Can student-perpetrated college crime be predicted based on precollege misconduct?
- 1Department of Epidemiology, Colorado School of Public Health, University of Colorado-Anschutz Medical Campus, Aurora, Colorado, USA
- 2Pediatric Injury Prevention, Education and Research Program, Colorado School of Public Health and University of Colorado School of Medicine, Aurora, Colorado, USA
- 3School of Law, American University Washington College of Law, Washington, DC, USA
- 4Division of Biostatistics, Department of Epidemiology and Population Health, Albert Einstein College of Medicine, Bronx, New York, USA
- 5Department of Biostatistics, University of North Carolina Gillings School of Global Public Health, Chapel Hill, North Carolina, USA
- 6Department of Epidemiology and Population Health, Institute for Social and Health Sciences, University of South Africa, Johannesburg, South Africa
- 7University of North Carolina Injury Prevention Research Center, Chapel Hill, North Carolina, USA
- Correspondence to Dr Carol W Runyan, Department of Epidemiology, Colorado School of Public Health, Paediatric Injury Prevention, Education and Research (PIPER) Program, University of Colorado Anschutz Medical Campus, 13001 E. 17th Place, Mail Stop B119, Aurora, CO 80045, USA;
- Received 23 September 2012
- Revised 2 January 2013
- Accepted 16 January 2013
- Published Online First 23 February 2013
Objectives Many colleges assess criminal histories during the admissions process, in part, to address violence on campus. This study sought to examine the utility of screening as a means of reducing violence.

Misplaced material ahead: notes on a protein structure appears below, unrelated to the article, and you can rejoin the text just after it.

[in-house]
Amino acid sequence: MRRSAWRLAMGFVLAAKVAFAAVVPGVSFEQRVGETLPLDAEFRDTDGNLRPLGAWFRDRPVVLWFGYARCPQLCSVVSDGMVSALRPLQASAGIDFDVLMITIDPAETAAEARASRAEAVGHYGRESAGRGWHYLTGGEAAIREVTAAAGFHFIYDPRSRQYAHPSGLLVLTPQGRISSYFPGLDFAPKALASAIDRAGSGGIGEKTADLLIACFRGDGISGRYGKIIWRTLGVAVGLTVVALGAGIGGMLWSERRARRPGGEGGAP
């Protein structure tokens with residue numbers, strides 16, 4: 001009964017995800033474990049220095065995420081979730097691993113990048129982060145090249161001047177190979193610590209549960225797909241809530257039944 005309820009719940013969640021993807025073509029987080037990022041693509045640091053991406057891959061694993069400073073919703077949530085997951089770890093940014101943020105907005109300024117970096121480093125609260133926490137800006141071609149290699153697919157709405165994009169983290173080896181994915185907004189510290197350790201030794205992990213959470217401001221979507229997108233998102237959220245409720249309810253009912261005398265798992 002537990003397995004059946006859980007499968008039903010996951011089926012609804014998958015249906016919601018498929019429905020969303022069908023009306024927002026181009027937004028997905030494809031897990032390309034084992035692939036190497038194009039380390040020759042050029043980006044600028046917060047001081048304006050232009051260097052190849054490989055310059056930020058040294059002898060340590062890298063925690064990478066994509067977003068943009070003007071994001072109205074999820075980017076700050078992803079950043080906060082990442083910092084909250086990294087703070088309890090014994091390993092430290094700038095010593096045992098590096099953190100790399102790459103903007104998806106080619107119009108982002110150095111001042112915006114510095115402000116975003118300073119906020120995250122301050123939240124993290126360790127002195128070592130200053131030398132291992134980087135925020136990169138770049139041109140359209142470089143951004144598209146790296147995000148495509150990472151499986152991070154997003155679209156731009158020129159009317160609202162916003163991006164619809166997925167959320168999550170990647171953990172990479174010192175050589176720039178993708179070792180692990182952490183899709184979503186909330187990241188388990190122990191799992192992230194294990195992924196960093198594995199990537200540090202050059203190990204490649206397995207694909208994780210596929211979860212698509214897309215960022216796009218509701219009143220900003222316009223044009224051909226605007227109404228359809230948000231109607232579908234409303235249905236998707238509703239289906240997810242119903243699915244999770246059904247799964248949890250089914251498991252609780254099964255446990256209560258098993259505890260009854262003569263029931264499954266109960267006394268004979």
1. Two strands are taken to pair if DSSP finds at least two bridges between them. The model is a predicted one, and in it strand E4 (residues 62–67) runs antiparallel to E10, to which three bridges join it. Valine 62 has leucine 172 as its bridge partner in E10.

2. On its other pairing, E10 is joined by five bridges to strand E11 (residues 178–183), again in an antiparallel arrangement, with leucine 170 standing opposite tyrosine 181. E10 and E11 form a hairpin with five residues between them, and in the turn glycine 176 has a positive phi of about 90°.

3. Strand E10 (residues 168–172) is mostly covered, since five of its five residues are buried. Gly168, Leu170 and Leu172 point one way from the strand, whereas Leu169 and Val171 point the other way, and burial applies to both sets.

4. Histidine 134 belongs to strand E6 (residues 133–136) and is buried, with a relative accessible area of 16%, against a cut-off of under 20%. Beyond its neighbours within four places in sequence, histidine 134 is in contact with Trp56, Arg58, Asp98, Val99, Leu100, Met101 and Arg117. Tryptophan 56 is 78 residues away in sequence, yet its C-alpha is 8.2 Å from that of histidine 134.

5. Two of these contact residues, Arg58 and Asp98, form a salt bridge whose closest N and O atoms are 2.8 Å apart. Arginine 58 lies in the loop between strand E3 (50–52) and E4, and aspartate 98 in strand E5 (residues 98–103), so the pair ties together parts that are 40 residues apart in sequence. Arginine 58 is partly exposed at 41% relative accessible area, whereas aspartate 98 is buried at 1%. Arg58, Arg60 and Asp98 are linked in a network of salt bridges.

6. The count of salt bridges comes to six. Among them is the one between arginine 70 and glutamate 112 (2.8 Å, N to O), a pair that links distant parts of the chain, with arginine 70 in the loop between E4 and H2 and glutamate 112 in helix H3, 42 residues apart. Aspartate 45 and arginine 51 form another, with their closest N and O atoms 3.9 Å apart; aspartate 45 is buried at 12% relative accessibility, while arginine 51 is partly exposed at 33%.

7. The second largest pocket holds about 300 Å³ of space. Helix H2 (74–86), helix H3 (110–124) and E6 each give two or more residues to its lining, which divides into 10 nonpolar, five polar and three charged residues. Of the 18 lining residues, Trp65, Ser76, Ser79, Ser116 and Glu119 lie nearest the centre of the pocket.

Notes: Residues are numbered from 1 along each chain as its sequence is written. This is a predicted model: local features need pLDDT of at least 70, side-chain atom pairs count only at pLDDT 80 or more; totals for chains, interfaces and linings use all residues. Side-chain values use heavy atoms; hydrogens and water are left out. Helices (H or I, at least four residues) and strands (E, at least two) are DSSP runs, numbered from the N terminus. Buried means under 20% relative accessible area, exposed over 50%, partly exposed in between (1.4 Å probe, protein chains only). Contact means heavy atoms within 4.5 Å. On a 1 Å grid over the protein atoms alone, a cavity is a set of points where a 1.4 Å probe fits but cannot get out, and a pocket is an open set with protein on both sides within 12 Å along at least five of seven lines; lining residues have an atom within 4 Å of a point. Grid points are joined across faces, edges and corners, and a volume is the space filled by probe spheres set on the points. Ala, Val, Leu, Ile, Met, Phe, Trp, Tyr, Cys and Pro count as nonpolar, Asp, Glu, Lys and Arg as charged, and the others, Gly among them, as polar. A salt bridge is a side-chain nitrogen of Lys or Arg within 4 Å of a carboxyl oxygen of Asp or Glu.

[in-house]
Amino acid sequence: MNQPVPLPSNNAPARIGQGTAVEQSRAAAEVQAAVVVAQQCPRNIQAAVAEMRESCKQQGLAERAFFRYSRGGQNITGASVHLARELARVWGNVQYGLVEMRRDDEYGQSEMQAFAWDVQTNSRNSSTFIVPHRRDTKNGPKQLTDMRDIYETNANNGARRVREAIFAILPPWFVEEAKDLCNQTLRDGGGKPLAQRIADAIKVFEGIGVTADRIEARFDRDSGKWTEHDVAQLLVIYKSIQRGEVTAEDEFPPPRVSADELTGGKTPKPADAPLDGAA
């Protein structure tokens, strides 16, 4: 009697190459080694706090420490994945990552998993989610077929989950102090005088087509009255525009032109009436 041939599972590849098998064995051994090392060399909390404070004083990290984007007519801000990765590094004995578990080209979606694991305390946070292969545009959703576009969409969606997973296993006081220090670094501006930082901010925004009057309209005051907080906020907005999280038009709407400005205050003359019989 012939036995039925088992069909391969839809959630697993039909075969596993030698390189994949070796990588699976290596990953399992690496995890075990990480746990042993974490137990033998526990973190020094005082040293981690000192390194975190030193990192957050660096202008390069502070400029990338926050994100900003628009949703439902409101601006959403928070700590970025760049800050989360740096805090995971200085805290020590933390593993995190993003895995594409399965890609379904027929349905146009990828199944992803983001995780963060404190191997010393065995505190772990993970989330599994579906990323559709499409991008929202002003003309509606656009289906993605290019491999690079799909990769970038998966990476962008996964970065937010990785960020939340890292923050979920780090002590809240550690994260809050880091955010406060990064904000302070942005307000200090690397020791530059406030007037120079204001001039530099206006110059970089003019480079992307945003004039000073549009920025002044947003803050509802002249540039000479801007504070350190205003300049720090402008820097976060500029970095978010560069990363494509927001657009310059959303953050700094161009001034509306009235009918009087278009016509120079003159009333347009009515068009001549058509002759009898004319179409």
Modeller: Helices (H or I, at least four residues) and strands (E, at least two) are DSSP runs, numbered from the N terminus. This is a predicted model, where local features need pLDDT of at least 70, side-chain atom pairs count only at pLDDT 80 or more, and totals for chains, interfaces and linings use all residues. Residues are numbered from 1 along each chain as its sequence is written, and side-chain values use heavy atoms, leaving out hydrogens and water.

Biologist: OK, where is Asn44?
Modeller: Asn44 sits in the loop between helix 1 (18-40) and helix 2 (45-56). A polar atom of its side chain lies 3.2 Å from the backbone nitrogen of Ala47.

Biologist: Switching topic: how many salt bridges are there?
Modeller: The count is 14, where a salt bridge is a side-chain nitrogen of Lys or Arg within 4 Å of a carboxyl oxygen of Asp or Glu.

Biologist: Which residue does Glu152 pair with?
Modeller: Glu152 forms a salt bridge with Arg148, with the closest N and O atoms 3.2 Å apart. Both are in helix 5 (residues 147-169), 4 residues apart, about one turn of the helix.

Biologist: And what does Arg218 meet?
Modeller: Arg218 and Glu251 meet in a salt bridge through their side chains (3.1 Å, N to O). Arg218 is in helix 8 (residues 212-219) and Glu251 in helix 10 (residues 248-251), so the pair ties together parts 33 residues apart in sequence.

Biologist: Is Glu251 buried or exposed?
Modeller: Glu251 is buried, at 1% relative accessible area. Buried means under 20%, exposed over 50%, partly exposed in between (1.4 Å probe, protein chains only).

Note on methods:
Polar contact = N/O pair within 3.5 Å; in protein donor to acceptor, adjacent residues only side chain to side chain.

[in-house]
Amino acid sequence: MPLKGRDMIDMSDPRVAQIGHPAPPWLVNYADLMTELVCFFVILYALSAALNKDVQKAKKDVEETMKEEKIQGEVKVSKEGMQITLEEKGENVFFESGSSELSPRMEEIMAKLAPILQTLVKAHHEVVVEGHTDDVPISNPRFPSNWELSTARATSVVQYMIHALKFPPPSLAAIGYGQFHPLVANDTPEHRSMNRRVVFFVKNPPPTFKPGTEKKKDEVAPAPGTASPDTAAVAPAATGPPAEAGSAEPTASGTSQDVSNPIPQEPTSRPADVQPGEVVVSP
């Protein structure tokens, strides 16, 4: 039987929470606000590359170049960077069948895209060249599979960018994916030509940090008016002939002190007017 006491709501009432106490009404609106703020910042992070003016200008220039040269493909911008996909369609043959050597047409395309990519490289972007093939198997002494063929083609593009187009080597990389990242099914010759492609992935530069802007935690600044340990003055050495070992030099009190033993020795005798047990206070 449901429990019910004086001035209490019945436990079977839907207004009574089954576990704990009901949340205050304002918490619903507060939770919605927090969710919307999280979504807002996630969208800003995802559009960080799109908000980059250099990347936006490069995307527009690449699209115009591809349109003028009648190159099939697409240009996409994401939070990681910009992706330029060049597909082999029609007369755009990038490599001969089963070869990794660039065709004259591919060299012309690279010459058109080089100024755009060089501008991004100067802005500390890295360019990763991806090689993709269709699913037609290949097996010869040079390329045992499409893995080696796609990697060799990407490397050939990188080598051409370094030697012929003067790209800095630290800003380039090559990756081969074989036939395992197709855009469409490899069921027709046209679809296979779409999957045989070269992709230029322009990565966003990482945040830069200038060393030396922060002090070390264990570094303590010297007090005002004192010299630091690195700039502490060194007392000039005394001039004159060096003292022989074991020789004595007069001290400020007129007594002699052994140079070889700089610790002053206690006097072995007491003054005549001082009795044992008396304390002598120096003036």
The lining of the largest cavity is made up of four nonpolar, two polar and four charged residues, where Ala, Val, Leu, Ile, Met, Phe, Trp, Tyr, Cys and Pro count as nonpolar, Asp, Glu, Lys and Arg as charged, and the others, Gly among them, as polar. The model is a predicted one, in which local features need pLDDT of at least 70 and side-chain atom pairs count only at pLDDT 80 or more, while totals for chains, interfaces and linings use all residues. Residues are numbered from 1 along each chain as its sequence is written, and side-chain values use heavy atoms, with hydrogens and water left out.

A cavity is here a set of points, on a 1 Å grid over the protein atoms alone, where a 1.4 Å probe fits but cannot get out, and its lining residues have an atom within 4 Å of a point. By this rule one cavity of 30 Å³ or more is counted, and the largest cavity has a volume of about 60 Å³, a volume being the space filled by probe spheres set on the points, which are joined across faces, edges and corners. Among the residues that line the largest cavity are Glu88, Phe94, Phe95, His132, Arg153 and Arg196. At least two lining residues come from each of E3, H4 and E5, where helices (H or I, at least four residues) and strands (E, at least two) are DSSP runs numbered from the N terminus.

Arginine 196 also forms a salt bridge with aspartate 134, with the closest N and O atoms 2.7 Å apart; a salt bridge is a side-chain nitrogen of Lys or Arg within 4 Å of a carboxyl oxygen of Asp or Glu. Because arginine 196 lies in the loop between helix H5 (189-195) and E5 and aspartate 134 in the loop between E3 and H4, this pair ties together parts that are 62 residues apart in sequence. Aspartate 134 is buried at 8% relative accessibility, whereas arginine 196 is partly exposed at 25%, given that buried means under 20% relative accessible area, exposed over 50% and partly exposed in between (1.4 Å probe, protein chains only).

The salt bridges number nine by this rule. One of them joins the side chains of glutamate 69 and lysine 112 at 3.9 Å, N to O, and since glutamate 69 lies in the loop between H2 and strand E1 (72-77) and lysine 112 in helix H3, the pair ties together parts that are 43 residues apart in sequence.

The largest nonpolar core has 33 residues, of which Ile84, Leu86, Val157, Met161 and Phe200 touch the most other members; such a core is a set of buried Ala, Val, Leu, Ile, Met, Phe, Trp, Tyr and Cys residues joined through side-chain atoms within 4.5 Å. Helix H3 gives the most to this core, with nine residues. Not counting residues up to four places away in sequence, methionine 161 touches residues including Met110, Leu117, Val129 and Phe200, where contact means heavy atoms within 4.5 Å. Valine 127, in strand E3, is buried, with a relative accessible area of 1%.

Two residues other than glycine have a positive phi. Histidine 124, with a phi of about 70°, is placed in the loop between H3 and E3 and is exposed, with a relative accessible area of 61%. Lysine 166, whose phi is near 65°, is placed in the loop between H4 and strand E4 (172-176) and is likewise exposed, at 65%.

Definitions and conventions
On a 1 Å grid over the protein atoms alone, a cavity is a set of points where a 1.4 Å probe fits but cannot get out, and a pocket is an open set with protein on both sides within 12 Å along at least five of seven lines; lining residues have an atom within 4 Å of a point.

Methods Using cohort and case-control analyses, we identified college misconduct through college records and self-reports on a confidential survey of graduating seniors, and examined precollege behaviour as indicated on admissions records, a survey and criminal background checks.
Results One hundred and twenty students met our case definition of college misconduct, with an estimated OR of 5.28 (95% CI 1.92 to 14.48) associated with precollege misconduct revealed on the college application. However, only 3.3% (95% CI 1.0% to 8.0%) of college seniors engaging in college misconduct had reported precollege criminal behaviours on their applications and 8.5% (95% CI 2.4% to 20.4%) of applicants with a criminal history engaged in misconduct during college.
Discussion Though precollege behaviour is a risk factor for college misconduct, screening questions on the application are not adequate to detect which students will engage in college misconduct. This pilot work would benefit from replication to determine the utility of criminal background investigations as part of admissions.